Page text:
A final feedback, this one somewhat negative, occurs as a result of Greenland Ice Sheet (GIS) melt. Large cold, freshwater outflows from GIS into the North Atlantic result in localized cooling in that region. This feedback (also related to AMO weakening) enhances trough formation throughout the North Atlantic region adjacent to Greenland and the Canadian Archipelago. A final potential teleconnection to the ridges we see forming over both Yamal and the Alaska/Northwest Territory zone.


Climate Reanalyzer

Earth Nullschool

Heat Wave Forecast for Russia

Rapid Arctic Sea Ice Loss Linked to Extreme Weather

Tracking for Early Season Melt Pond Formation at The Arctic Ice Blog


2012 Record Challenged as 40% of Greenland Ice Sheet Surface Melts on June 17th

Yesterday, 40% of the surface of Greenland melted.

It was still mid-June, yet a month before melt values typically peak. But a persistent high pressure system over Greenland, a rapidly melting Baffin Bay and warm winds riding up the west coast were enough to spur a surface melting event that shoved melt coverage firmly above the two standard deviation threshold and into record range.


(Greenland Melt Extent as of June 17, 2014. Image source: NSIDC.)

Temperatures along the west coast of Greenland and on through the southern ice-covered tip ranged between 30 and 55 degrees Fahrenheit, while 30-43 degree readings surrounded much of the periphery. Warm winds and rain to mixed precipitation accompanied a moisture-laden storm emerging from Baffin Bay and passing over the western ice sheet to add further and extreme early season melt pressure.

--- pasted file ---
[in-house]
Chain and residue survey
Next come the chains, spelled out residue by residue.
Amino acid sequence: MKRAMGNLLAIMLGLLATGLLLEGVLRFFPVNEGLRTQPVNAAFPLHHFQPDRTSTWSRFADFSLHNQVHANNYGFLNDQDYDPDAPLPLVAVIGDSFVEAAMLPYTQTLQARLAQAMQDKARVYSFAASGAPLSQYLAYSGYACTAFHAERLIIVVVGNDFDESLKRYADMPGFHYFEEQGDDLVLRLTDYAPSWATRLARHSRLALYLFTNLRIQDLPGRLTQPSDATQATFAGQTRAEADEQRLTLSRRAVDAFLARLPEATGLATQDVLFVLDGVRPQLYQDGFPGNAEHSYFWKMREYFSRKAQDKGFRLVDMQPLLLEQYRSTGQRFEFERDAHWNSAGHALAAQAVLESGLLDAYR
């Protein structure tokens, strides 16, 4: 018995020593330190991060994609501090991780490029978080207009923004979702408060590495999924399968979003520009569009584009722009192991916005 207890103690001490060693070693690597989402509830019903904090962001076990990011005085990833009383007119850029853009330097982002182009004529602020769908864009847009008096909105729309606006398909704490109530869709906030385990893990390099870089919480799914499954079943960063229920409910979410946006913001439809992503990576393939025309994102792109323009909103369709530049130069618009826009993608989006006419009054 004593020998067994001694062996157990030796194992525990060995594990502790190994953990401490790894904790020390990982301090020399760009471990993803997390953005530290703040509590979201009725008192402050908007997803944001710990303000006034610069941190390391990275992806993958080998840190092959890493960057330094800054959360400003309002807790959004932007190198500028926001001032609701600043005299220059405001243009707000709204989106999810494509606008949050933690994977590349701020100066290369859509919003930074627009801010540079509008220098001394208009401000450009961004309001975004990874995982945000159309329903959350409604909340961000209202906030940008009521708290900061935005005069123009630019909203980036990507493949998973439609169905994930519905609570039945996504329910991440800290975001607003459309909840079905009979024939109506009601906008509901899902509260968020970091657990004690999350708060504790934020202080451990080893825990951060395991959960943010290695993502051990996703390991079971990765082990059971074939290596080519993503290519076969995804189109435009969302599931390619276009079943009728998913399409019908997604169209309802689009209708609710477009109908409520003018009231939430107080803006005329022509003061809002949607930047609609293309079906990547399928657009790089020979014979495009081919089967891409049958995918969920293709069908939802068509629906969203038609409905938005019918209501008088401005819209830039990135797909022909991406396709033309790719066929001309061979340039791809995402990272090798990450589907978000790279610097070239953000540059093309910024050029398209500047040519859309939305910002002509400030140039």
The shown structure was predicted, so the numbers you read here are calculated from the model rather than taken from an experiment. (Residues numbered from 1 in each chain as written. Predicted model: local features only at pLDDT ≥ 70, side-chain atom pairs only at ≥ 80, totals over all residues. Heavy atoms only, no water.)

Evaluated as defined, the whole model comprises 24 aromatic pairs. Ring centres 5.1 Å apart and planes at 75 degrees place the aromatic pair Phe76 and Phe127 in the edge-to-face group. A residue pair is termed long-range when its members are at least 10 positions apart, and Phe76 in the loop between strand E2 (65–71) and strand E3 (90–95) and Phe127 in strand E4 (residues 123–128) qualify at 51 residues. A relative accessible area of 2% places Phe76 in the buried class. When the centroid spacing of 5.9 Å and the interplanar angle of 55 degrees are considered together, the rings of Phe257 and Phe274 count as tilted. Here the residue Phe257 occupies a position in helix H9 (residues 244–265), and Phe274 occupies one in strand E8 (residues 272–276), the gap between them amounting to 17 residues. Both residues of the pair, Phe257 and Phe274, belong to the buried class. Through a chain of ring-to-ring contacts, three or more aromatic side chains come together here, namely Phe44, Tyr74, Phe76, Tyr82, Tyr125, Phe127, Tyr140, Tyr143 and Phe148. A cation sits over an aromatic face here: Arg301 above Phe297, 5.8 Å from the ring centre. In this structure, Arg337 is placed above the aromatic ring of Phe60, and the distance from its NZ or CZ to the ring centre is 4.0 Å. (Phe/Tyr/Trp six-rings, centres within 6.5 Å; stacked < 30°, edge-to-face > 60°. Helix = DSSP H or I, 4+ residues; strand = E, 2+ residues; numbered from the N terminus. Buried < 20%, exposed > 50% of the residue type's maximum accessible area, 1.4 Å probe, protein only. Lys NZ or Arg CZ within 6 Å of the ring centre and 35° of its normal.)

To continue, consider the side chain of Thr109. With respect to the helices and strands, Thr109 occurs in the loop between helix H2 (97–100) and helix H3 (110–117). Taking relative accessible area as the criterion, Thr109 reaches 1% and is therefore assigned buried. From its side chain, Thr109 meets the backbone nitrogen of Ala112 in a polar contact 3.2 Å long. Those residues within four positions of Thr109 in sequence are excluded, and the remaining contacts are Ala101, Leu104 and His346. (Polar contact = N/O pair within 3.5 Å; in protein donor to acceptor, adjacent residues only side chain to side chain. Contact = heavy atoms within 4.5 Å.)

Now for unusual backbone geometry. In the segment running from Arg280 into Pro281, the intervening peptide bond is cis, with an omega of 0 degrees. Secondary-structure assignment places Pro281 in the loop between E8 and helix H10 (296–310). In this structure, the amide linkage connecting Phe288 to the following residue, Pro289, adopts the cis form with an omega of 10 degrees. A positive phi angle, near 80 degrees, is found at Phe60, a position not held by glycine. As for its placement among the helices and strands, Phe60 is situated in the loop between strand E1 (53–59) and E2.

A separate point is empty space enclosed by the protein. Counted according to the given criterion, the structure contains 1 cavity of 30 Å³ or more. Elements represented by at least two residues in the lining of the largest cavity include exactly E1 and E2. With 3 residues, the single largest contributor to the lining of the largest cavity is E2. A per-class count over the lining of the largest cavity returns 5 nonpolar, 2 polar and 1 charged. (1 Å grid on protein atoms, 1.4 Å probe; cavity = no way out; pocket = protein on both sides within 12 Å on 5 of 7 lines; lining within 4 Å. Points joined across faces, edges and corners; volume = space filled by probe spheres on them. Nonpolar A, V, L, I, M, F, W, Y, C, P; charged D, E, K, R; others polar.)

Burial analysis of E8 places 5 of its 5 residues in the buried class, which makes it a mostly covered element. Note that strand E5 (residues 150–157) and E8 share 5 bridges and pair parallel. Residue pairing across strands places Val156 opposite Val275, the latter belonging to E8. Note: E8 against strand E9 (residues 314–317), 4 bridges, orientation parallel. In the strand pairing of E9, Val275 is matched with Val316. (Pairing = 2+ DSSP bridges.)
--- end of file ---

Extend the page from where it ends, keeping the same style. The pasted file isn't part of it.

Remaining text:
The warm storm and rains compounded already rapid melt pond formation along Greenland’s southwestern coasts. Large blue ponds varying between .5 to 3 kilometers in width had already formed over southern and western sections of the ice sheet by June 16, before they were covered in clouds and squally wet weather on June 17th. By today, the clouds cleared as the passing storm moved on to reveal melt ponds further swelled by a combination of warmth and wet weather:

West Greenland Melt Ponds June 18

(Large expanse of melt ponds near the outlet to the Jacobshavn Glacier on June 18, 2014. The smallest blue dots represent glacial melt ponds of about 300 meters in width. The largest exceed 3 kilometers at the widest point. Image source: LANCE-MODIS.)